It will likely be a long while, (or even longer) before we have a national consensus on whether we should continue our pursuit of prohibition of drugs or end it. Part of the problem is the public remains in the dark on so many aspects of the issue. There is a way to correct that, as well as arrive at the right conclusion, if some politicians would get behind it.
A method used for studying high-consequence subjects and deciding on best options is called the “Red Team” approach. See Wikipedia. Developed for planning in the military, the idea was to create a team of experts who argue the opposing side in a battle—the aggressor side—called the Red Team—the enemy. The Blue Team—that’s us—is another team of experts arguing against the Red. The specialized knowledge of each enables them to envision all possibilities, with the sides attacking or supporting each of the wide variety of those.
For example, in military planning, if the blue team does one thing, the red team reacts exactly the way the enemy would. Then another idea is advanced and the “enemy” reacts. The game is played until all possibilities have been explored and either accepted or rejected. The conclusions that come out of the process have had all angles considered. Decision makers now know what will work best.
With some minor changes this method could be used in a debate on drug policy reform. First you need to frame the question with a proposed situation or solution. We already have that in two published reports that could be treated together as one to be sure the reform idea was fully stated. These are the Report of the Global Commission on Drug Policy and the Report of the Johns Hopkins University – Lancet Commission on Public Health and International Drug Policy. Both reflect the consensus reached among really smart people and both call for an end to drug prohibition–and switching to legalization with regulation.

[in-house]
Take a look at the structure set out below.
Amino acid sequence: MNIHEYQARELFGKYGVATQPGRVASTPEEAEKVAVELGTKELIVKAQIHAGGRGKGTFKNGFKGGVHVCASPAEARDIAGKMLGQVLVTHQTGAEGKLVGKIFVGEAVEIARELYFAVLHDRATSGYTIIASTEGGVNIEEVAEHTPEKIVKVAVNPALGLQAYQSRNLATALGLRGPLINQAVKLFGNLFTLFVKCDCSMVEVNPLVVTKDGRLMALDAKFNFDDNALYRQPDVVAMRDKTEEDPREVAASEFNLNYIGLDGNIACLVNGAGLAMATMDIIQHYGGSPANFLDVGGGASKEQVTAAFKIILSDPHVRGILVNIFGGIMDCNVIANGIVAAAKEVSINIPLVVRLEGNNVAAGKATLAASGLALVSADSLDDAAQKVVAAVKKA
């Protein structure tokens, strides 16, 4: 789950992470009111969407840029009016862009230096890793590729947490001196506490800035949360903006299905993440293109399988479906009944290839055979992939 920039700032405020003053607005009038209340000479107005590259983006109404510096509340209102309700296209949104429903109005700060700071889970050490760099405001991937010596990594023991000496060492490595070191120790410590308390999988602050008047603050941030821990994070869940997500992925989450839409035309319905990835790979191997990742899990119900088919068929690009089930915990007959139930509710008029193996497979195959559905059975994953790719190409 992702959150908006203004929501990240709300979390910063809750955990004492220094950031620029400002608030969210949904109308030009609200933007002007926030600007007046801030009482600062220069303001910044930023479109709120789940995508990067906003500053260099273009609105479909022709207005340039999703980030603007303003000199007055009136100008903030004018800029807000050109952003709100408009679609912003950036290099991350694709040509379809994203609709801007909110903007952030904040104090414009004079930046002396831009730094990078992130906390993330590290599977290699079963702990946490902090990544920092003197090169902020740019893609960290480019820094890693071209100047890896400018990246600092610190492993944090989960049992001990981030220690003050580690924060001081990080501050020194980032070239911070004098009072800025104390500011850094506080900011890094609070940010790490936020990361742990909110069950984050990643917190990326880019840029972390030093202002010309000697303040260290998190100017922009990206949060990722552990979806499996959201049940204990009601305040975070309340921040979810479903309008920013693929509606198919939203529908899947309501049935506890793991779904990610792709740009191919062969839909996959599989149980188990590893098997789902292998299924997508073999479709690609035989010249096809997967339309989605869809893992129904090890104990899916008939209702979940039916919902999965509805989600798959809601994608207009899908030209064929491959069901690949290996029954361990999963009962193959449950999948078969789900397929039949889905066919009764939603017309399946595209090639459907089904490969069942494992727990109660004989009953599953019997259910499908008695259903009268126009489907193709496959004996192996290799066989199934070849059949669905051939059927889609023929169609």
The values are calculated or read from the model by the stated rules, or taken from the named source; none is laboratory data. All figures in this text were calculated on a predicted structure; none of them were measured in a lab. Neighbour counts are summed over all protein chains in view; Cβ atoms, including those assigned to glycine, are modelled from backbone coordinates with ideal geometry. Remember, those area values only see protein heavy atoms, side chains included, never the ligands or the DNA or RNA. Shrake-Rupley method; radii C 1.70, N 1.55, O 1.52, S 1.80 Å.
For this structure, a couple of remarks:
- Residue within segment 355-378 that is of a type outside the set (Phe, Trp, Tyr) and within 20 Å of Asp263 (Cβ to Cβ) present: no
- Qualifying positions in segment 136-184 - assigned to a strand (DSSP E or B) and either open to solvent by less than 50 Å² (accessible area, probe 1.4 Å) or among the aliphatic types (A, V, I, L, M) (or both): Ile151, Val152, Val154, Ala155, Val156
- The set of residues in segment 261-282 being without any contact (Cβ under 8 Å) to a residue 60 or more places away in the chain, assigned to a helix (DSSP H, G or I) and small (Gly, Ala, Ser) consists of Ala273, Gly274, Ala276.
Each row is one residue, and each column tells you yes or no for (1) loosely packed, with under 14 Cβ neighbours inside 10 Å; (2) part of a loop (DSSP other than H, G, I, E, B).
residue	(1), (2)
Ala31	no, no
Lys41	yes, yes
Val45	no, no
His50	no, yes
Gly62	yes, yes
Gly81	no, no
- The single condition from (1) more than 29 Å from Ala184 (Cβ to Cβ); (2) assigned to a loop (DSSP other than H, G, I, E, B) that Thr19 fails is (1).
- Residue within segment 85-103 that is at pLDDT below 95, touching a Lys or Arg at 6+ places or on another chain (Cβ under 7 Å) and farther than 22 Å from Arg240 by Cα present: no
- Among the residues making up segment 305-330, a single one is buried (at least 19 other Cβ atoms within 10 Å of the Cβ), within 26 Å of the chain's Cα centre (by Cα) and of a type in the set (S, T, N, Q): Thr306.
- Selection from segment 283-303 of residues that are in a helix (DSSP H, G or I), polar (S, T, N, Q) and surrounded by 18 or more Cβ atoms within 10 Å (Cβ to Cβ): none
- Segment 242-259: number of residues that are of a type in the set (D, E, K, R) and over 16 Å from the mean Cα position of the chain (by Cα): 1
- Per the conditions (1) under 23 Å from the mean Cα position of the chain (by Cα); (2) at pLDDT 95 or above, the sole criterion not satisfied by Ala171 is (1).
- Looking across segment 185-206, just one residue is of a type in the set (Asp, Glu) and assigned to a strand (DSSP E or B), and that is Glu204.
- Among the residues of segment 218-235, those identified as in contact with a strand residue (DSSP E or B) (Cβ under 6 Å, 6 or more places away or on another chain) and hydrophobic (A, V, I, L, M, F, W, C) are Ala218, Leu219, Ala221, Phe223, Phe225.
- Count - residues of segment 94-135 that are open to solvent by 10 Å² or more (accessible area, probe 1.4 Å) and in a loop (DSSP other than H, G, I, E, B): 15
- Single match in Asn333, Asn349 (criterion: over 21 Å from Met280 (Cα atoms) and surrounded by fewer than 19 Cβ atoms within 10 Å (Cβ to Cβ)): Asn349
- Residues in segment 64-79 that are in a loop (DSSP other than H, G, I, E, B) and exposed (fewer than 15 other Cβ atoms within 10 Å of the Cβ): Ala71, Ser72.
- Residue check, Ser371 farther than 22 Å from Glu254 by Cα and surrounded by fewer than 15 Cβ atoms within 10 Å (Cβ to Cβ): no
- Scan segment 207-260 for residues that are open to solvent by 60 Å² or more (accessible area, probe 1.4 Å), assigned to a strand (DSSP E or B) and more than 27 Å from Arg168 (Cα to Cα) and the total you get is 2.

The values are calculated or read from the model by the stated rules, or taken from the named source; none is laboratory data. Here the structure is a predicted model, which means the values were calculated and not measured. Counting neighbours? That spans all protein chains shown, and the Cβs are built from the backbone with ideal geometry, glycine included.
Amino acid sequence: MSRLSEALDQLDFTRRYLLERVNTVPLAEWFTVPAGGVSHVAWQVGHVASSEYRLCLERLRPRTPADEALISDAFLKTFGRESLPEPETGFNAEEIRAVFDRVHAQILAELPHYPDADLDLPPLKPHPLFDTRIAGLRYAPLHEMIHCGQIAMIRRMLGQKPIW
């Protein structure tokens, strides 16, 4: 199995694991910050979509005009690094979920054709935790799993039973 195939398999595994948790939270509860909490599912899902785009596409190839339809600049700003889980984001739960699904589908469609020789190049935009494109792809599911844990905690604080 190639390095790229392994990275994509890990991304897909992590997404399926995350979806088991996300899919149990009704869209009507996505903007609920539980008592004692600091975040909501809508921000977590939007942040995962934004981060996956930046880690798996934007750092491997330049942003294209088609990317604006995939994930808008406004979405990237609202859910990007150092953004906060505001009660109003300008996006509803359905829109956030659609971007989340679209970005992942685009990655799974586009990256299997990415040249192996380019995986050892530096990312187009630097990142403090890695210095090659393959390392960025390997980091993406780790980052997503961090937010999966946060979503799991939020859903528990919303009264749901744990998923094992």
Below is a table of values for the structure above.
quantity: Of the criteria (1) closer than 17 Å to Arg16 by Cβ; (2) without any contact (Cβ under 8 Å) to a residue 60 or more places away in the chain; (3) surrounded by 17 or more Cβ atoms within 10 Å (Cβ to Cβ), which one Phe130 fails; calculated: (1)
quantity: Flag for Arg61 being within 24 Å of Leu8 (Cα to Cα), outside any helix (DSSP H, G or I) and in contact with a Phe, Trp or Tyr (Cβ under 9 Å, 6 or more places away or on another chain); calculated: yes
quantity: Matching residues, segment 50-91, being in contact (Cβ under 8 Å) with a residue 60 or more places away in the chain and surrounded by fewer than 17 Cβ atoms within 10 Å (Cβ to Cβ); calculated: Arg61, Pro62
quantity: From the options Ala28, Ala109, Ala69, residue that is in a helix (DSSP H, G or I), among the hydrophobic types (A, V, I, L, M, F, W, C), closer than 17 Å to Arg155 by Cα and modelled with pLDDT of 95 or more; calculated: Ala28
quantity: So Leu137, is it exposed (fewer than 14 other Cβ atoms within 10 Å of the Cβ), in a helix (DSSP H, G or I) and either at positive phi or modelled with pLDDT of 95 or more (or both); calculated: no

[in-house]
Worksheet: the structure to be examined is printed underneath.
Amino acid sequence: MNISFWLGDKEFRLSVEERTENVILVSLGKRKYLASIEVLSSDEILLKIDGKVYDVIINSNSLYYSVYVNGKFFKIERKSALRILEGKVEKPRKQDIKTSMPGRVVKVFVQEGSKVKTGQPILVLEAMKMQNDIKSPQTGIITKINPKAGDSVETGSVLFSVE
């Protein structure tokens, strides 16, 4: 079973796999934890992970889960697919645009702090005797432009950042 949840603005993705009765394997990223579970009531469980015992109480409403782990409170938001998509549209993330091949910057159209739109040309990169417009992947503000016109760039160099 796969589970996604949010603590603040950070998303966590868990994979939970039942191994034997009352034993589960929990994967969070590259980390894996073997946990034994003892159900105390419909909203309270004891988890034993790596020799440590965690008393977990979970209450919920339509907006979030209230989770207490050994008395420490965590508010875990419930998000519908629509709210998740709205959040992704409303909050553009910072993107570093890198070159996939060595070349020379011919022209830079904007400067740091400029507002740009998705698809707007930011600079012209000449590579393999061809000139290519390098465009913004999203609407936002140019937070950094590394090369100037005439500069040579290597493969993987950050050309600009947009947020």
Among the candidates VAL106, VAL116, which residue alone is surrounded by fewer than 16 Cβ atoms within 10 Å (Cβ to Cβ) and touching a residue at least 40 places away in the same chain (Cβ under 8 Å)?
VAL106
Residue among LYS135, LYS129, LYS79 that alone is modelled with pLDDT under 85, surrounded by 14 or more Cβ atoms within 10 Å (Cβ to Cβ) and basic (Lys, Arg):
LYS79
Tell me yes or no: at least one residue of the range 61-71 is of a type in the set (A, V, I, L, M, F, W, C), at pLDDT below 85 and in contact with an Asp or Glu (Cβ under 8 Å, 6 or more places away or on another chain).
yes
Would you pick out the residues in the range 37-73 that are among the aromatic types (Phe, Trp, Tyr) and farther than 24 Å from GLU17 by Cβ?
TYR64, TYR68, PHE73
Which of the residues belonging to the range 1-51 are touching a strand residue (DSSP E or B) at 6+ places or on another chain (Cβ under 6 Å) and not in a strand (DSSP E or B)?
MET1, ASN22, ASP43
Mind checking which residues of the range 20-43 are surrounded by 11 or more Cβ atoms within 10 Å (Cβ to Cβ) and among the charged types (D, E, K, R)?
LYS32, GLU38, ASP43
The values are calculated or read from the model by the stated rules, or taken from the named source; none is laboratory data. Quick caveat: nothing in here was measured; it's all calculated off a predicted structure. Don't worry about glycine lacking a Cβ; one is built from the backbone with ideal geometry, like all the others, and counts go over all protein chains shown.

The next step is to assemble two teams, one to support prohibition as it is and the other to support reforms to replace it. A carefully assembled commission of neutral judges would coordinate exchanges of written arguments, and responses and replies—the papers flying back and forth—and also hold hearings or controlled debates in public view. These might also consider questions and arguments submitted from the public to be addressed by the experts. This could make great TV. The discussions and debates would go on for weeks, maybe months, until the commission decided all possible arguments had been made and considered. The the commission would write a report on the scale, say, of the Warren Commission report on the Kennedy assassination.
The best arguments of both sides would be clearly before the public and everyone would be far better informed. We would have a concrete, completely informed report by a responsible Commission consisting of some of our best and brightest. Their report would then be taken up in Congress. The constitution leaves final decisions of this kind to the legislators, but what a powerful product we would have to get them to the right conclusion.
I have every confidence the commission’s recommendation would be to scrap our anti-drug laws.
© All rights reserved to Dave Finch April 21, 2017
Tell your Congressman, and for more ammunition, visit my Reform Drug Policy Project.